Detecting Negative Cycles

What if the input graph has a negative cycle?

Lemma 18.8: the graph $G$ has a negative cycle if and only if, at the conclusion of the algorithm, there is a vertex $v$ such that $L_{n,v,v} < 0$.

Proof: if there is no negative cycle, then obviously $L_{n,v,v} = 0$ for every $v$ since every shortest path will also be cycle free. But if there is a negative cycle, then this means $G$ has a negative cycle with no repeated vertices other than its start and end (e.g. $v$). The trick is to think about two paths to form such a cycle, and argue how a repeated vertex can be spliced out.

Let $C$ denote such a cycle, and let $k$ be the largest labeled vertex of $C$ with $k \neq v$:

then we know:

  • $P_1, P_2$ are cycle-free $v \leadsto k$ and $k \leadsto v$ paths respectively (since this cycle has no repeated vertex other than source) with vertices restricted to ${1,2, …, k-1}$
  • then Floyd-Warshall would found $L_{k-1, v, k}$ and $L_{k-1, k, v}$ to be at least smaller or equal to the actual length of $P_1, P_2$ (being cycle-free)
  • therefore, $L_{k,v,v}$, which is at most the length $L_{k-1, v, k} + L_{k-1, k, v}$, will also be smaller or equal $C$, which is negative.

Therefore, if there is a negative cycle, $L_{k,v,v}$ will at least once become negative. This means $L_{n,v,v}$ will be negative since for each iteration $k’ > k$ the minimum length only decreases.

Max Flows and Min Cuts

Before we dive into the algorithms, its sometimes enlightening to see how those seemingly “unrelated/unpractical” algorithms can be very useful in practice. Here we will see two examples.

Minimum Cut Problem

Minimum Cut Problem: consider a flow nertwork consisting of a directed graph $G=(V,E)$ with a source vertex $s$ and a sink vertex $t$. Each edge $e \in E$ has a capacity $c_e$. The goal is to find a $(s,t)$ cut into two sets $A,B$ such that it minimizes the total capacity of edges sticking out from set $A$ into $B$.

\[\min \sum_{e =(u,v); u \in A, v \in B} c_e\]
  • basically think of those source and sink as water flows, and the capacity is the pipe
  • the cut is basically coming up with two groups of vertices but one needs to include $s$ and the other needs to include $t$.

Visually, a cut below would be optimal with a total capcity of 3:


  • the purple edge would not count as it is not flowing from $A$ to $B$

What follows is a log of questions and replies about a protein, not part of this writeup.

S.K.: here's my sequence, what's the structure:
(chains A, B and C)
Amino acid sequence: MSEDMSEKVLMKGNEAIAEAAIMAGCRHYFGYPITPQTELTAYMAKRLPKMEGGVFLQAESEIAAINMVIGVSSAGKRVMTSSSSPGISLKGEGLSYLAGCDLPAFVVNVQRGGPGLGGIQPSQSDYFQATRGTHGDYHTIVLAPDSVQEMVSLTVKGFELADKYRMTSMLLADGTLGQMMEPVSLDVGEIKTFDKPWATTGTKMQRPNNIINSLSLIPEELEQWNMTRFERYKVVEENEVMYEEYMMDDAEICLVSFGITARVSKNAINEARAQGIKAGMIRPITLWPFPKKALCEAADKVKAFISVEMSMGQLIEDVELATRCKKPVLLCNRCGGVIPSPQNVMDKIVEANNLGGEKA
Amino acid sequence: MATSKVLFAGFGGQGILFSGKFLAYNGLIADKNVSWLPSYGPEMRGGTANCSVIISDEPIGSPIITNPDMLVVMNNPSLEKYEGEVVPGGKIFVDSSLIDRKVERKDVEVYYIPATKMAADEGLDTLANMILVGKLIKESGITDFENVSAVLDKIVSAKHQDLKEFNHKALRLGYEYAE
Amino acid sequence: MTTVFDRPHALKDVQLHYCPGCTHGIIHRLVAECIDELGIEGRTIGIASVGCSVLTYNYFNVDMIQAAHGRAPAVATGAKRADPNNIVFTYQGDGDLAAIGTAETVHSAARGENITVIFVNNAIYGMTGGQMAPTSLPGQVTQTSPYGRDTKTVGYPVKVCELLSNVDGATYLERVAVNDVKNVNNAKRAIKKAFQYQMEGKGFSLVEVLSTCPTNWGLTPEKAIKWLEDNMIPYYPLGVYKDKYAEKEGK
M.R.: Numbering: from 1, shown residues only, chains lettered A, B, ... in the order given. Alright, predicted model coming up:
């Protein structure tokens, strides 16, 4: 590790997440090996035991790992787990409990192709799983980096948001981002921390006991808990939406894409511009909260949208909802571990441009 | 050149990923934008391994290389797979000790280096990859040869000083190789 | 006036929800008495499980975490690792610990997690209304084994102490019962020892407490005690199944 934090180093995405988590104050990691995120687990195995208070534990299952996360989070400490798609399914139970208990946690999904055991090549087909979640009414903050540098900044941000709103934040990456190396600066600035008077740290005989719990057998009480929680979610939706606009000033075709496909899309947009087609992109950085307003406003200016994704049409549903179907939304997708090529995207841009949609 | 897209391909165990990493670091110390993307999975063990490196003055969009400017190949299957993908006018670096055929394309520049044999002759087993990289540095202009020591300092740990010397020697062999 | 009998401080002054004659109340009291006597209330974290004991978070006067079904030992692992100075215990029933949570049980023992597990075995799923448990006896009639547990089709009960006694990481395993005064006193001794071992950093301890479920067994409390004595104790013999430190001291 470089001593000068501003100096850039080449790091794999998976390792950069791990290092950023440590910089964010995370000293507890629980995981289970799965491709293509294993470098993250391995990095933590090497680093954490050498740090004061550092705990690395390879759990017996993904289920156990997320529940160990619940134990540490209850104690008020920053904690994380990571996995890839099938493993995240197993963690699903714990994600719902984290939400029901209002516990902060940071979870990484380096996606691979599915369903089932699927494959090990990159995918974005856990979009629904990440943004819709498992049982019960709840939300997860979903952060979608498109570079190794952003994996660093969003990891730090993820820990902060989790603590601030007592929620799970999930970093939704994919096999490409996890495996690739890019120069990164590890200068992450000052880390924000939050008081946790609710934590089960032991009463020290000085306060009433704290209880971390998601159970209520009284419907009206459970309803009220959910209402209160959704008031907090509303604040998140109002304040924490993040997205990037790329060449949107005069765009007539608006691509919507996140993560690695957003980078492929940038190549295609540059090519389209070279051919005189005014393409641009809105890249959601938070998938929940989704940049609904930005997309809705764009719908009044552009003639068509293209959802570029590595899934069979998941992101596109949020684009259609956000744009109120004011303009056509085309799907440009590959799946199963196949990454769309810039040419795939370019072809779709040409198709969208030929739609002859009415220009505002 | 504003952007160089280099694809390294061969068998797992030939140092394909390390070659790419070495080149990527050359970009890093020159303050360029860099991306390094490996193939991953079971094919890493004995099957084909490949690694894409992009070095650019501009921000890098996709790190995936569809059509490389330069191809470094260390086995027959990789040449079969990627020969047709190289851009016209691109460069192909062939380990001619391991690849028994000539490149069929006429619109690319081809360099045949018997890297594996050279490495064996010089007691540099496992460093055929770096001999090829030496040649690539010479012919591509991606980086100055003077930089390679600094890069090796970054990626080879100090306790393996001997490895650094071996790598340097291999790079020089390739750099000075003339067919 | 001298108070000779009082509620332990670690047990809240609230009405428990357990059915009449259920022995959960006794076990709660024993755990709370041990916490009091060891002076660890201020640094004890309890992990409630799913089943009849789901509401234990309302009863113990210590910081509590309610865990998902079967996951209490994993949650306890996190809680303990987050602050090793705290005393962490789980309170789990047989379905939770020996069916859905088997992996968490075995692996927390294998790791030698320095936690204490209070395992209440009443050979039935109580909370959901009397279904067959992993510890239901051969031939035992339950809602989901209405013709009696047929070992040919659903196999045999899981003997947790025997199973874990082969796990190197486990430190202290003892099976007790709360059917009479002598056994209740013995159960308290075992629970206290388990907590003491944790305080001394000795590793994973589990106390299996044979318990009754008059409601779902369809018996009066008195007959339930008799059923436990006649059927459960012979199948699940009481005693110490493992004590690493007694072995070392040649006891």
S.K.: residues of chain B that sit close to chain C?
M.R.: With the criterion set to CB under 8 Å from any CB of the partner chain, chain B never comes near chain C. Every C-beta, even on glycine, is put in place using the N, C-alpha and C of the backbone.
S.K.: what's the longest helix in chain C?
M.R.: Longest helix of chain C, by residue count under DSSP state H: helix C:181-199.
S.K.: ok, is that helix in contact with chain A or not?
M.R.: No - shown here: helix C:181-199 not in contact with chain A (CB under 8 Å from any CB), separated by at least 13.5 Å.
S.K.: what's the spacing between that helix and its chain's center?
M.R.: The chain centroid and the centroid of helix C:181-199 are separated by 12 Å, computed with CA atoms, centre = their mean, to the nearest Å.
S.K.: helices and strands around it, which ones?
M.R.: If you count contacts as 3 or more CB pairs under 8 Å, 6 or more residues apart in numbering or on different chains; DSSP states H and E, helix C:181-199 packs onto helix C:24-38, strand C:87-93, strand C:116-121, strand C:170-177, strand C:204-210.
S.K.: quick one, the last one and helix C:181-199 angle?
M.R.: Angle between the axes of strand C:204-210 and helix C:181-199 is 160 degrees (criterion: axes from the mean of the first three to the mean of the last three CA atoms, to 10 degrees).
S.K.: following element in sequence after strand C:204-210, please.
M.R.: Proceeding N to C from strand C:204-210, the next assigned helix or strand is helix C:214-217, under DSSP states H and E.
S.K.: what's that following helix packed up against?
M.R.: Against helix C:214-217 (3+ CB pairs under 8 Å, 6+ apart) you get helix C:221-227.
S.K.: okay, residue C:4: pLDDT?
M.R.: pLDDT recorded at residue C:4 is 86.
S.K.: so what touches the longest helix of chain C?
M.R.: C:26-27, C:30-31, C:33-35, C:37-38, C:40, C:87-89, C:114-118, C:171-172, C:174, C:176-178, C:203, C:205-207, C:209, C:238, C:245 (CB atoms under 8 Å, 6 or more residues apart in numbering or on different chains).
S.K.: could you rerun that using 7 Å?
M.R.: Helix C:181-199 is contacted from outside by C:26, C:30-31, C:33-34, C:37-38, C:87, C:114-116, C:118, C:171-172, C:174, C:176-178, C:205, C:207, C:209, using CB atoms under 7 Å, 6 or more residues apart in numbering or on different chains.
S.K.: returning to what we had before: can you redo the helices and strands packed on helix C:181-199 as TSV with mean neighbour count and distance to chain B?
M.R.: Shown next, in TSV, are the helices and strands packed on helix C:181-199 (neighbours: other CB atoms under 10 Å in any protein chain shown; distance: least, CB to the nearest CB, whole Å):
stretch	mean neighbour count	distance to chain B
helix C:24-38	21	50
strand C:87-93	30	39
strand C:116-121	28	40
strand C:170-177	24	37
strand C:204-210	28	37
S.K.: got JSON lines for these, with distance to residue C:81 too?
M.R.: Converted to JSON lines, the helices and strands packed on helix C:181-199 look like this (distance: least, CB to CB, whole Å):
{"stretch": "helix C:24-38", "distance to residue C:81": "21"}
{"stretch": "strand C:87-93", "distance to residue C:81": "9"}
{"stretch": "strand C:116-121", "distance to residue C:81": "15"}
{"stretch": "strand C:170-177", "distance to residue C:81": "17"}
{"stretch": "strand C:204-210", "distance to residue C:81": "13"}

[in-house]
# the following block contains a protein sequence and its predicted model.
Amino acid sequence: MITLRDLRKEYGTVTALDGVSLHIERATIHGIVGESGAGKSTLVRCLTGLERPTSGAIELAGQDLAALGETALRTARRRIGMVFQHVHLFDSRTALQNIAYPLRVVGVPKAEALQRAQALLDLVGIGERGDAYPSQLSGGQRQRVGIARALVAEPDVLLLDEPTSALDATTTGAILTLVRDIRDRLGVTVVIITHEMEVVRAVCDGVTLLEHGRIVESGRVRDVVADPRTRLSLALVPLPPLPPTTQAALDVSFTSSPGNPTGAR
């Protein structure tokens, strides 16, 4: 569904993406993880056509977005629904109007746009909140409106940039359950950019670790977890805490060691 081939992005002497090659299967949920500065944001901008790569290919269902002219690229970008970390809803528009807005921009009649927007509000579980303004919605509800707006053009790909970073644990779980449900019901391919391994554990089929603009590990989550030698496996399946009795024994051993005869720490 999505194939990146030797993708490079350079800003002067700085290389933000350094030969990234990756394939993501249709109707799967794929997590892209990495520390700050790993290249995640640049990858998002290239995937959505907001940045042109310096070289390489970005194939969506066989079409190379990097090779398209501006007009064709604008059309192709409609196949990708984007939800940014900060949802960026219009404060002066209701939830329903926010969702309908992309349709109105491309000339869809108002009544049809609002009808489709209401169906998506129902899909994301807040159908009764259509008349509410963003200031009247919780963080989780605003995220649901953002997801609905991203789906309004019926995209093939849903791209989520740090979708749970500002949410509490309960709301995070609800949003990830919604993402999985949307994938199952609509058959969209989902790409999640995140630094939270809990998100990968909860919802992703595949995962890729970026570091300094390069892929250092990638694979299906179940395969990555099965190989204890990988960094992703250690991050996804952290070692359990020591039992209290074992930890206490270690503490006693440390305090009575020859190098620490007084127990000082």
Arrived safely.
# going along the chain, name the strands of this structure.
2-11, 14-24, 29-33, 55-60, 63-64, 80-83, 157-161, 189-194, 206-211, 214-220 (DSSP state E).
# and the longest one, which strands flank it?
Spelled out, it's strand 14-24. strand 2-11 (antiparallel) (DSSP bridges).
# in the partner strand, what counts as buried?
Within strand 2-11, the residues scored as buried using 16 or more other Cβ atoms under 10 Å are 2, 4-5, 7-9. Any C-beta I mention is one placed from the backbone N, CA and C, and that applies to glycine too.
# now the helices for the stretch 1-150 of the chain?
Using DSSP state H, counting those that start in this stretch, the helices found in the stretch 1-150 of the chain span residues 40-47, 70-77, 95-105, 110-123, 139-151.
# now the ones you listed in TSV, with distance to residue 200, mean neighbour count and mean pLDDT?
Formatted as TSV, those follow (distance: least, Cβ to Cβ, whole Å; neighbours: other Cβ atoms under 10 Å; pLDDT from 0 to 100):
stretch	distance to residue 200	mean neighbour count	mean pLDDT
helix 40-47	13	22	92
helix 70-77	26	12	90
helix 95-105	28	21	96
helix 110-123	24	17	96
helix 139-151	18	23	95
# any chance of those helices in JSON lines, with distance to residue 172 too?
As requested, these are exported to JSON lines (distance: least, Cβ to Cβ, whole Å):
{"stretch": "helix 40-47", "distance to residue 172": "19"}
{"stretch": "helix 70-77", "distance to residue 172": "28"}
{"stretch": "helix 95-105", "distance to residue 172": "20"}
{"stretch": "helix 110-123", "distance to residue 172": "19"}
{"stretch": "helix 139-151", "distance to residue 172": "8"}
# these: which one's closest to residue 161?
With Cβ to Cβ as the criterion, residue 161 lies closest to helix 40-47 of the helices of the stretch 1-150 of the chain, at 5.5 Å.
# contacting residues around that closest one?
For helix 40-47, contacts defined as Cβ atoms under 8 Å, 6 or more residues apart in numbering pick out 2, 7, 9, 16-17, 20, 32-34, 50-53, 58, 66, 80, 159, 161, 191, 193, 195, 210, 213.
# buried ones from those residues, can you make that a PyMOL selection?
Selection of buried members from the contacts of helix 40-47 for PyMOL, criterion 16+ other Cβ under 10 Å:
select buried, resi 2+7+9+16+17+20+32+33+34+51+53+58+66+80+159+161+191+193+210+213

• the green edge will count
  • the blue edge would not count as it is flowing from $B$ to $A$

Notice that since this is just choosing which vertex goes where, there are $2^{n-2}$ possible cuts (excluding source and sink). We will not see an algorithm here, but we will see how this can be solved in linear time in the next section.

Minimum Cut Application: Image Segmentation

We will see how this minimum cut problem relates to how we can do image segmentation. First we formalize the “version” of image segmentation we are considering:

Image Segmentation with Fore/background: Consider the task of classifying pixels of an image to be either foreground or background. Let us be given some prior (e.g. heuristics, non-negative) that each pixel could be in foreground with $a_v$ and background with $b_v$. Additionally, we are given non-negative $p_e$ for each undirected edge between each pixel, which represents the fact that we want neighboring pixels to be close together, i.e. smooth.

Then, we can define the segmentation as an undirected graph with all those costs/rewards assigned to the vertices and edges:

where the first value of the nertex denotes $a_v$ and second denotes $b_v$ in this example. We want to maximize the objective:

\[\max_{(X,Y)}\quad \sum_{v \in X} a_v + \sum_{v \in Y} b_v - \sum_{e \in \delta(X)} p_e\]

which represents an “MLE” objective of wanting all the foreground-likely pixels in $A$, and all the background-likely pixels in $B$, while also wanting to minimize the cost of the “incongruity” between $A$ and $B$. $\delta(X)$ denotes the cut edges between $A$ and $B$.

The claim is that this problem reduces to the minimum cut problem. First we note a few similarlities and differences to motivate the reduction:

Similarities Differences
both problem needs a partition here we consider undirected edges
both want to minimize the cut across partitions missing a source and sink vertex
  additional $a_v, b_v,p_e$ costs
  maximization instead of minimization

Our overall reduction approach will be intuitive for this class:

  1. transform the problem into the problem that can be solved by (e.g. min cut algorithm)